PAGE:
Saddle sores can be an uncomfortable by-product of cycling - but with care and proper treatment they don't need to get in the way of a good ride
Most cyclists will suffer from saddle sores from time to time. At best, these are a minor inconvenience and a little bit uncomfortable. At worst, they can require medical intervention and antibiotics.
Here’s the complete lowdown on everything you need to know…
What is a saddle sore?
Saddle sores vary between individuals. However, a general description would be a sore, often raised area of skin in the region that makes regular contact with the saddle.
Some saddle sores look a lot like spots and these are often caused by an infected hair follicle. Sores that look more like boils are usually larger and can be more painful. For some people, the main cause of pain is more likely to be abrasion caused by chafing.
How to avoid saddle sores
The best way to prevent saddle sores from becoming troublesome is to avoid them altogether – the best form of offence is a good defence, in this case.
Find a saddle that fits you
Saddle sores are often caused by chafing or irritation – and a saddle that suits you shouldn’t really cause this at all.
Finding the right saddle for you can take a little bit of trial and error – you need one with a width that suits your anatomy and that’s shaped with your style of riding at front of mind.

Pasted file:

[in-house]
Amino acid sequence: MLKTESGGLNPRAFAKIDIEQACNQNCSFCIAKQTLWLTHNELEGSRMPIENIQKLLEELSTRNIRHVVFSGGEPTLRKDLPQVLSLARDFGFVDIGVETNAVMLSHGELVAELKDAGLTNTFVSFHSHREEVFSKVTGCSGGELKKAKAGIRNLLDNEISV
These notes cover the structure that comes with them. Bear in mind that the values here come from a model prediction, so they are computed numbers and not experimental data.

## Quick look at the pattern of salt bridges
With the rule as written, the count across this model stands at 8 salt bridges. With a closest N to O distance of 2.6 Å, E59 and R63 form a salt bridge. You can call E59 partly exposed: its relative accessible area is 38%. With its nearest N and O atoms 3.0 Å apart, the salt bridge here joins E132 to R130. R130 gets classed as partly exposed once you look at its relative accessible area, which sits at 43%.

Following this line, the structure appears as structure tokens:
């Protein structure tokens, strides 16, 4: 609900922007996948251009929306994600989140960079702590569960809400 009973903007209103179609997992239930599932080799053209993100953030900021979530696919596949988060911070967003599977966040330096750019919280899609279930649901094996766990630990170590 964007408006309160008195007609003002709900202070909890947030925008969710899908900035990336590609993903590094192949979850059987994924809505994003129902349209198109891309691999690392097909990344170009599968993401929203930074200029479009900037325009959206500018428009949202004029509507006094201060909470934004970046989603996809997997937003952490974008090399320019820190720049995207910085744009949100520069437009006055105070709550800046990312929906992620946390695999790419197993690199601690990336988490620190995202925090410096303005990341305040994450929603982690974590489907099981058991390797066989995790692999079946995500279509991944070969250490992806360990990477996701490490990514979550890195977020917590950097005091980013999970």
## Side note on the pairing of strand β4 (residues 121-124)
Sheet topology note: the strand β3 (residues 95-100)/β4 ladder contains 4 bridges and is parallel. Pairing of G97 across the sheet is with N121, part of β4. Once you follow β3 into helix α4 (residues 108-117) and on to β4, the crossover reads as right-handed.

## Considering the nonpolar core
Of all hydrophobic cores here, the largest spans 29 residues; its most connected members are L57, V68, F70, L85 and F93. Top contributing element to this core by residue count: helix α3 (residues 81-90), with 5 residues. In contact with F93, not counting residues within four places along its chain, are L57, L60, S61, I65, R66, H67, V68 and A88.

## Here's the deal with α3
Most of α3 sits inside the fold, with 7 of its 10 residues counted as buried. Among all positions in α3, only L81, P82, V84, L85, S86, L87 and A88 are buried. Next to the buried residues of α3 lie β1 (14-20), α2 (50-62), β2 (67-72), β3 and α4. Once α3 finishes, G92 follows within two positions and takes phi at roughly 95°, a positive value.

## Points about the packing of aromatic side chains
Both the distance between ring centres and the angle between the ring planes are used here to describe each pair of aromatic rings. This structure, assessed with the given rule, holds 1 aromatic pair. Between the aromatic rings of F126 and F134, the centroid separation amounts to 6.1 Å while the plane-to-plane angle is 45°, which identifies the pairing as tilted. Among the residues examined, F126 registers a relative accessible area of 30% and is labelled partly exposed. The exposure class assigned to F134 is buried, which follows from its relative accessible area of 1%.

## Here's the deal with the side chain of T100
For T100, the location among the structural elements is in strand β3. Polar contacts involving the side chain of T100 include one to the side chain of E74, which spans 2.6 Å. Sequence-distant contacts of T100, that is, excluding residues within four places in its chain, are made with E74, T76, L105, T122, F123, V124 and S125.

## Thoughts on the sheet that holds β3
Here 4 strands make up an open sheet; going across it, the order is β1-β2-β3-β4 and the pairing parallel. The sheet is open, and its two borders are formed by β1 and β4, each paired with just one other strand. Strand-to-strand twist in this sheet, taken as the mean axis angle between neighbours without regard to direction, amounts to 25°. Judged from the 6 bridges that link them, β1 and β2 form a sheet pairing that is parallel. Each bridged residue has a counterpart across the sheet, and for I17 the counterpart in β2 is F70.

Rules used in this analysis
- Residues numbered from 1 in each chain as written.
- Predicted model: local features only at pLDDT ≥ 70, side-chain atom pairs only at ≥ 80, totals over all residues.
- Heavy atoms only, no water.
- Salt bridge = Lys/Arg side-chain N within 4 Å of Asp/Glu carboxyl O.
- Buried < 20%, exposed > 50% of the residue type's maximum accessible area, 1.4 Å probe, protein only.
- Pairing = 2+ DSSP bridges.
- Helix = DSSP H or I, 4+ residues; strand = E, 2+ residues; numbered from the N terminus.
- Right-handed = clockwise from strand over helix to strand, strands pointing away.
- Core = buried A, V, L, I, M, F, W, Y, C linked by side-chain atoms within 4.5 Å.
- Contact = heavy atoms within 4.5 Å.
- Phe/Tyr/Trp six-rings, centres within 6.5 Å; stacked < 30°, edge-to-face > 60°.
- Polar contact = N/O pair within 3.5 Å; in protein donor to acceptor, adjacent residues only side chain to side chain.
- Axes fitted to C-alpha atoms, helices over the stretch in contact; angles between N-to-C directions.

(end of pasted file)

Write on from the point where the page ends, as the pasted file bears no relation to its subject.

Aggressive riders want a saddle that provides pressure relief at the front and those who tend to focus on more endurance rides will want more padding at the rear to suit an upright position. The width of the ideal saddle is usually determined by the width of your sit bones, and most local bike stores have a tool that can measure you up.
Wear shorts that fit you
Cycling shorts come with a chamois which protects the rider by offering a layer of padding between the body and the saddle. However, chamois pads do vary – and different riders will get on with different brands.
If you’re constantly feeling like your shorts are rubbing you up the wrong way, try another pair. It is important to make sure that they fit well – shorts that are too big will move around, often causing chafing, and shorts that are too small will dig in in all the wrong ways.
Use chamois cream
Chamois cream is not an essential item for all cyclists. Some riders find that with a good pair of short and the right saddle, they can completely forgo the messy stuff.
However, if you’re prone to saddle sores, it’s a really good idea to utilise this helpful aid.
Chamois creams contain anti-bacterial aids which will prevent germs from clustering and causing you problems, as well as soothing ingredients like Aloe Vera or Shea Butter. The viscosity of the cream also cuts down on chafing between your body and the chamois.
Wash your shorts after every wear
Cycling shorts are meant to be worn against the skin – so there should be no additional layer between your body and the chamois. No wearing underwear with cycling shorts. As a result, they should be washed just like underwear – after every outing. Not doing so allows bacteria a second chance to access your skin, which can cause infection.
By the same token, always aim to take your shorts off and shower straight after a ride – don’t sit around in your shorts for hours afterwards.
Beware of hair removal
Cyclists are well known for shaving their legs – though there is still debate over whether this makes you faster. However, if you’re giving yourself more intimate haircuts, then beware.